Signed letter from the composer Samuel Coleridge-Taylor.
[printed] 11, Dagmar Road,
South Norwood, S.E.
Dear Mr Dawson -
I have to thank you very much for your kind letter of a few days ago and also for the splendid lines that I have just seen in the Norwood papers!
I can assure you I never heed my critics,
[overleaf] especially as they all heap on me [indec] - the dramatic deficiencies of the setting - of course I have intended it to be dramatic[?] strictly speaking, & in this respect "Hiawatha" is just as [indec] as the "Blind Girl" & for the reason you mention.
I will let you [indec] (!) as soon as possible & will send you a copy.
Yours very sincerely
- - Alan Cole. Letter from Coleridge-Taylor mentioning his 'Hiawatha'.
Samuel Coleridge-Taylor (15 August 1875 – 1 September 1912) was an English composer of Creole descent who achieved such success that he was once called the "African Mahler". His mother named him Samuel Coleridge Taylor after the poet Samuel Taylor Coleridge and the hyphen was added after a printer's error.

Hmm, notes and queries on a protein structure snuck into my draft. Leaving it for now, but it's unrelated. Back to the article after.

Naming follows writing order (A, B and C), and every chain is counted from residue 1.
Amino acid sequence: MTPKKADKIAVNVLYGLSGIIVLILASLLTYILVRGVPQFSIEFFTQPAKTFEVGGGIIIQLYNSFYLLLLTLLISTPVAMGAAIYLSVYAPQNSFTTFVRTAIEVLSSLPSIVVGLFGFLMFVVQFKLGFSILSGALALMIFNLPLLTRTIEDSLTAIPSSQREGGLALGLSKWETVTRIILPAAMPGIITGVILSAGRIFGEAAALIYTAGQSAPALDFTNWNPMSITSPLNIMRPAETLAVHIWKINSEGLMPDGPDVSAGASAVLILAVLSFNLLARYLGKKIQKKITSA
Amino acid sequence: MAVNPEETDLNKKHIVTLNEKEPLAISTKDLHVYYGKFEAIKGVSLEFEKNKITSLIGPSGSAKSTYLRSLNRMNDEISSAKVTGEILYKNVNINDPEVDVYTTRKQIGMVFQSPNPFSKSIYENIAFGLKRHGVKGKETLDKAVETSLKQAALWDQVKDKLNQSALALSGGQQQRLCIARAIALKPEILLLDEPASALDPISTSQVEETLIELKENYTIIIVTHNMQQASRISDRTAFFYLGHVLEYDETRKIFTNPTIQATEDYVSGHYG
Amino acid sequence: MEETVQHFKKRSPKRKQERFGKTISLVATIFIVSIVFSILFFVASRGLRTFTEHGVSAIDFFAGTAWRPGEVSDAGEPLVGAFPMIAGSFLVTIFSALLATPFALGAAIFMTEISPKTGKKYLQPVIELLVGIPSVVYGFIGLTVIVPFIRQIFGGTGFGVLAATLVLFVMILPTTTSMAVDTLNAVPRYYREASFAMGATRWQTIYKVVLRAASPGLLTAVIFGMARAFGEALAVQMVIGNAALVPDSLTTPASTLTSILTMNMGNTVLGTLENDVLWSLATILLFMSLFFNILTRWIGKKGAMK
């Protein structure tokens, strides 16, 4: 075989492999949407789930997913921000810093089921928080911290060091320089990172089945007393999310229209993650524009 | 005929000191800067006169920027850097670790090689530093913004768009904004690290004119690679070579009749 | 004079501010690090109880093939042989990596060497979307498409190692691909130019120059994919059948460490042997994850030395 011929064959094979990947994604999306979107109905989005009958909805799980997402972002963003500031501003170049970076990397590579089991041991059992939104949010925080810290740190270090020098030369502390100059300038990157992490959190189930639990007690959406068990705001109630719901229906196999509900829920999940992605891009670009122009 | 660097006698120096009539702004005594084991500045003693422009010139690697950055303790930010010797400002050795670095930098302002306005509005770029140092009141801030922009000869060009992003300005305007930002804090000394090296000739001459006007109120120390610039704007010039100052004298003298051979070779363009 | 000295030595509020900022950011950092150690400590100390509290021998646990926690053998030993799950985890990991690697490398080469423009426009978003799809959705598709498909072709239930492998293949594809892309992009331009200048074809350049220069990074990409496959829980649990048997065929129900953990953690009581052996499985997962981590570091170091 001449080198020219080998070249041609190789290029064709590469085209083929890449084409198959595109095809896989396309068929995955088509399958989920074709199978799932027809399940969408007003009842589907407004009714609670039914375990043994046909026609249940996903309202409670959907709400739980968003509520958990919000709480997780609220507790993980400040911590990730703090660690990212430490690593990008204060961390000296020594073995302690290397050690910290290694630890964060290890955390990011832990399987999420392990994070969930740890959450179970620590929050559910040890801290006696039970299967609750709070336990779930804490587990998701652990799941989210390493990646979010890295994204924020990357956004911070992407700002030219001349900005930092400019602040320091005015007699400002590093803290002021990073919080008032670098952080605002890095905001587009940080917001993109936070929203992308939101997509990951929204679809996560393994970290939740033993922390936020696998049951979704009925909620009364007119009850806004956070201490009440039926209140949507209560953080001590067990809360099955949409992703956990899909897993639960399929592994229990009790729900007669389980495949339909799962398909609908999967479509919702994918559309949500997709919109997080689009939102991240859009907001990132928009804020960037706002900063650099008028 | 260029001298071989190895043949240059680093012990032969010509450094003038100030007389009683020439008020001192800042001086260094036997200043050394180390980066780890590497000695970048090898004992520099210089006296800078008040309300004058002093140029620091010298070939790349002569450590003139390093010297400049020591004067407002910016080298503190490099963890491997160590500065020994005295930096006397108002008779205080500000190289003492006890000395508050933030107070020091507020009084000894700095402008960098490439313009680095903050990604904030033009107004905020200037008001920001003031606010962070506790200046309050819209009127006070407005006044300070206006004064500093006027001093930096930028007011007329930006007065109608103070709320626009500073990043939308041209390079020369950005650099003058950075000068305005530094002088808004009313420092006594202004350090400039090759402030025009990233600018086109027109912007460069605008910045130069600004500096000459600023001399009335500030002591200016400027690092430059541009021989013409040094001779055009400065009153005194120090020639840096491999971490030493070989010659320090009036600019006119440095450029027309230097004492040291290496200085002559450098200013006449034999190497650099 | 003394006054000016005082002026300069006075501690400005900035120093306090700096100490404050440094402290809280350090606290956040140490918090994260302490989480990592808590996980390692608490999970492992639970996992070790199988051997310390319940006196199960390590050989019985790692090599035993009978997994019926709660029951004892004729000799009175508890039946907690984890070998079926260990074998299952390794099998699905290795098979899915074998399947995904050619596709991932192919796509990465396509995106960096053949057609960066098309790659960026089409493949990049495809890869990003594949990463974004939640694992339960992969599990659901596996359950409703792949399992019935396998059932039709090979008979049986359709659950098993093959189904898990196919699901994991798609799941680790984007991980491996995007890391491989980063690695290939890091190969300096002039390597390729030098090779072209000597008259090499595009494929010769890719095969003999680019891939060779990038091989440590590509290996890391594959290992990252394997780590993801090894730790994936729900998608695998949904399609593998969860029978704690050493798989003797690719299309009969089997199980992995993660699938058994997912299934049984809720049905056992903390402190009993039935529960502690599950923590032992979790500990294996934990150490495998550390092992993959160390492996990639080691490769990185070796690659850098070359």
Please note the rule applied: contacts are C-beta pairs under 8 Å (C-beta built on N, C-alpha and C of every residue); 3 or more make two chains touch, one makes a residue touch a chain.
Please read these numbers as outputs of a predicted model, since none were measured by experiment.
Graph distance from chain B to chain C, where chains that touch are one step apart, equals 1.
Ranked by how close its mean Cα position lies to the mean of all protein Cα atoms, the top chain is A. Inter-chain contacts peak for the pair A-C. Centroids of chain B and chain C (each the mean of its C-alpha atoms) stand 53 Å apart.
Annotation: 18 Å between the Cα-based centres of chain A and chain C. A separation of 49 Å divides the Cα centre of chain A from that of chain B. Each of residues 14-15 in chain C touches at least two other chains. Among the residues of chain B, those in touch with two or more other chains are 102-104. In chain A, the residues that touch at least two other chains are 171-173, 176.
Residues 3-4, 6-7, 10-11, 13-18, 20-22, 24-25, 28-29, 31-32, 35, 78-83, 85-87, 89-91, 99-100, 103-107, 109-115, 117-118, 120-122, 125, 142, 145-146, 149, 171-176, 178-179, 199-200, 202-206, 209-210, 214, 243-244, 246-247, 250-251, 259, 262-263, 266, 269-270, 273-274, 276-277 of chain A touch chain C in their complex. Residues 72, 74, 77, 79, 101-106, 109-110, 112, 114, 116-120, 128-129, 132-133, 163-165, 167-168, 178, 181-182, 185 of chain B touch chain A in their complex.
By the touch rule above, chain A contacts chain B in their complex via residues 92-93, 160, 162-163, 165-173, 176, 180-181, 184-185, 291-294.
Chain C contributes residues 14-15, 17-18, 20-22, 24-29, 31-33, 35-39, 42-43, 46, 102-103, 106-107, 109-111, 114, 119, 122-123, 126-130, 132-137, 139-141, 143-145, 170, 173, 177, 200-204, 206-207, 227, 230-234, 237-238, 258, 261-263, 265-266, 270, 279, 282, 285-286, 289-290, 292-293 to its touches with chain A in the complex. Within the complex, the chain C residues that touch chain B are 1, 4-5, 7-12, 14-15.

By 1896, Coleridge-Taylor was already earning a reputation as a composer. He was later helped by Edward Elgar. On the strength of Hiawatha's Wedding Feast, which was conducted by Stanford at its 1898 premiere and proved to be highly popular, Coleridge-Taylor made three successful tours of the United States.
The Dawson MAY have been A. J. W. Dawson, a Tyneside singer/songwriter and performer in the late 19th and early 20th century., but this is purely supposition.
No information available
w: 200, h: 155, d: -